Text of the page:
If you have a few days to kill, look at renting a car and taking a trip to the Florida Keys. The 100 mile trip is well worth it, even just the road trip is beautiful, there is only one road in and out of the Keys and it joins all the keys (islands) together. Key West is the party town, and is full of NFL mums who spend most of the year baking cookies and doing the school run, but who come to Key West to drink in the streets, ride a scooter, wear T-shirts with rude slogans and dance on the table in Jimmy Buffet’s Margarita Bar. But if you can stand that, it is quite a quaint town which is the base for fishing and diving charters and all things involving the sea. If you don’t want to do the 100 mile trip, Key Largo is about an hour drive from Miami and has John Pennecamp National Park which is less than $10 to enter for a car with 4 passengers, and offers snorkeling, kayaking, boat trips, fishing and camping.

However, if you are looking for a 24 hour party trip, then you will not need to leave South Beach where the streets are at their busiest at around 4am and quietest around 7.30am. As Pitbull says “what happens in Miami…Never happened”!



There is no doubt about it, the use of pyro to some fans is exciting. Photos of smoke bombs and flares being used at European matches give the impression of a colourful and high adrenaline crowd of fans.

Whether or not the use of smoke grenades (or plumber’s smoke tabs), flares and fireworks gives the game a better atmosphere, they are banned from English football, and without a doubt the courts do not see that same colourful, high adrenaline atmosphere. The starting point for a court considering the sentence for someone who has attempted to enter a stadium with pyro is 3 months in prison. In many cases it is very difficult to persuade the courts to come down from this 3 month figure. Add onto this the fact that it is highly likely that a court will impose a football banning order for at least 3 years (as this is the minimum that a court can impose) and may go as high as 10 years, and a fan’s days of watching football anywhere but in their living room for at least the next 3 years are over. The prison record doesn’t look good to any employer, and any chance of coaching or refereeing even a local kids league is given the Red Card due to the fact the offence of possession of the smoke grenade and the prison sentence and the football banning order will all appear on a Criminal Records Bureau (now Banning and Disbarring Service) check.

Look again at the wording in italics above, a fan doesn’t have to let off a flare in the stadium to fall foul of the law, mere possession on entry is sufficient. The law doesn’t distinguish between smoke grenades, flares and fireworks, they are all treated with the same severity. Nor does it distinguish between the possession and letting off the pyro.

The situation for under 18s is even worse. Possession of a smoke grenade or flare in any public place is a criminal offence. Hence a fan who is under the age of 18 and who has a smoke bomb in their pocket as they walk through town or on the train on the way to a match is committing an offence. This places some youths in a very difficult position. Imagine the scenario, on the coach on the way to the match, the youth succumbs to peer pressure from a fellow fan to take a smoke grenade “come on, it will be fun, look you take the blue and I will take the red, its only 3 quid”. The youth then exits the coach and decides that the smoke grenade is not a good idea and approaches a steward or police officer to ask how to dispose of the smoke bomb. At that stage they are admitting to committing an offence, they are in a public place and have a smoke grenade in their possession! A 15 year old with no previous convictions, who has never been in trouble with the police before, suddenly finds themselves arrested, in a police cell and facing a criminal record. Even a fixed penalty notice or reprimand given in the police station will appear on their CRB check. With competition for university and jobs so competitive for youths, a CRB will probably means that this youth goes to the back of the queue. Oh and they will no doubt be banned from attending football matches, even if they do not end up with a football banning order issued by the courts as the matter was dealt with in the police station, the police share their arrest information with the football club so the club will issue their own ban.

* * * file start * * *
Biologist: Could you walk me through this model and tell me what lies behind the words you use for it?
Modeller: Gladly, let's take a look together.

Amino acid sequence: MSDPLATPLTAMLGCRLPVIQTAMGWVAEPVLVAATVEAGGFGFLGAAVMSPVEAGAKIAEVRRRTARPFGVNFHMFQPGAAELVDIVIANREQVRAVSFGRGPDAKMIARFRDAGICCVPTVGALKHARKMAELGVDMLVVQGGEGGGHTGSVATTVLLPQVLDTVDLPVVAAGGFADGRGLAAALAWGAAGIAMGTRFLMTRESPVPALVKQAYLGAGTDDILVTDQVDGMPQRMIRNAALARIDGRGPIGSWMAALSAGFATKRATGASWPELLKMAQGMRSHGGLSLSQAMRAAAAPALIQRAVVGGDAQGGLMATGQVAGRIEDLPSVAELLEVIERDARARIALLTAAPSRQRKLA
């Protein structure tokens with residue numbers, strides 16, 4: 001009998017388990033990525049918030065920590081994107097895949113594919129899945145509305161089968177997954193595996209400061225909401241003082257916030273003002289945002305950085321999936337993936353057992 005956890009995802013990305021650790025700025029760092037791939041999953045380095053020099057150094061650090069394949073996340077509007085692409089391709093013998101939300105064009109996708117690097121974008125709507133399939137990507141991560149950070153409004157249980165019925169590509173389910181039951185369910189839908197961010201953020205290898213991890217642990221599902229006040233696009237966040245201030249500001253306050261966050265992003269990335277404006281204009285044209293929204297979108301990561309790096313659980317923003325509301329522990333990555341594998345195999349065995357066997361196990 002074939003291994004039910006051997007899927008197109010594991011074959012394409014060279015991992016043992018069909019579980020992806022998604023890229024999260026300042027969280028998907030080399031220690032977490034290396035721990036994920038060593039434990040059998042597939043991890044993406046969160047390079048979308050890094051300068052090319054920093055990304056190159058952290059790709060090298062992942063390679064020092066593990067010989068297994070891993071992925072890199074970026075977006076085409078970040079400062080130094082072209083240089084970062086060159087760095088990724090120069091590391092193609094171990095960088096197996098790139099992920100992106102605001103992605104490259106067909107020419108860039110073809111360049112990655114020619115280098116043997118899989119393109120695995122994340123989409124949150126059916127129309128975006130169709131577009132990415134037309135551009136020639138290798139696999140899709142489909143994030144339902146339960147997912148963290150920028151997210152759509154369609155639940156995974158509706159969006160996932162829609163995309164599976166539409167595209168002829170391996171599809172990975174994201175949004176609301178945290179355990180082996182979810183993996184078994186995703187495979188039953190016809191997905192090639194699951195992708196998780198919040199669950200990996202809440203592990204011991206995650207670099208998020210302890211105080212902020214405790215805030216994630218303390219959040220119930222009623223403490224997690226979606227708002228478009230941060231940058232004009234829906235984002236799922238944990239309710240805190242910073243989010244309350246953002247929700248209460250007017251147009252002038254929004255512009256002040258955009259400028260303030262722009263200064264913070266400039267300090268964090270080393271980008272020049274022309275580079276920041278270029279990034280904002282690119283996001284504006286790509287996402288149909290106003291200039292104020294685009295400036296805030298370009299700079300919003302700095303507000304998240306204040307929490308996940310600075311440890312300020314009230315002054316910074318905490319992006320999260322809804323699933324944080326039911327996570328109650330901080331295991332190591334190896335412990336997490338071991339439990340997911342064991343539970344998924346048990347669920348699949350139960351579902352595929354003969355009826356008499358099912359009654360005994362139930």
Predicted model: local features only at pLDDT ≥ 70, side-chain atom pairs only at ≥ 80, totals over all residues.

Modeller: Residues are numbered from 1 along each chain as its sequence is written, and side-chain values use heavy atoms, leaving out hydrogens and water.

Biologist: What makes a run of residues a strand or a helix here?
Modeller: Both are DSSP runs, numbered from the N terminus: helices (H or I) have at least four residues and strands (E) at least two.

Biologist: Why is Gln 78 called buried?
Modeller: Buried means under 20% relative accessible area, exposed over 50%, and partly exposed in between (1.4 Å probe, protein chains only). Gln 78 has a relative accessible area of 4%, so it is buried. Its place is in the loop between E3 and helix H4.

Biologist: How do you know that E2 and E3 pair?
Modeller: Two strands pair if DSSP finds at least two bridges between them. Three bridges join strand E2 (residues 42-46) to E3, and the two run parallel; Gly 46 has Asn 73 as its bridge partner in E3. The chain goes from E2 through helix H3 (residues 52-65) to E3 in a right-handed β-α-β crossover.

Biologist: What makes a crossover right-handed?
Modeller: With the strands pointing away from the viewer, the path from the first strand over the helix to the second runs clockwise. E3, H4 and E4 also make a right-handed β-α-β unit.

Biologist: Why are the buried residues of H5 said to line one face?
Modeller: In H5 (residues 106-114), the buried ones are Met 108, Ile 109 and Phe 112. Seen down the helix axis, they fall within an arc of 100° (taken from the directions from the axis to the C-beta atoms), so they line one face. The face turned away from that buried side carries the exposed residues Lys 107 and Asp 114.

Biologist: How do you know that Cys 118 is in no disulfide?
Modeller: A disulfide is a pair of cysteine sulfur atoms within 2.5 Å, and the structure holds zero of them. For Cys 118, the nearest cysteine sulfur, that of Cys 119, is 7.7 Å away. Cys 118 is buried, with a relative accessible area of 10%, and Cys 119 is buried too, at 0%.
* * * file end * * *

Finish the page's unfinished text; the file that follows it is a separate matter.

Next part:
As a lawyer representing football fans, I have concerns about all fans being arrested for pyro possession and use but in particular the criminalisation of youths. Whether or not I agree with the law as it stands, until Parliament changes it, possession of pyro remains an offence. For this reason I have worked with Northamptonshire Police to set up a trial of pyro amnesty bins outside the Sixfields Stadium at certain matches over April and May 2014. Northampton Town and Coventry City Football Clubs have given their full support for these bins, and it is hoped that this will not only prevent pyro being taken into or used in Sixfields, by home and away fans, but also will promote the fact that pyro is illegal at football matches.  This leaflet explains more.. Are you a footie fan? Do you know there are special laws relating to you?

The amnesty bins will be placed outside the turnstiles and will be highly visible, and will not be monitored by police of CCTV, nor will any pyro inside be checked for fingerprints or DNA. But anyone who is caught in possession of pyro inside the stadium will be arrested. With the pyro bins outside there will be no excuse for anyone to have pyro inside the stadium. Lets hope that these bins are a success and that it will help prevent this needless criminalisation and banning of fans.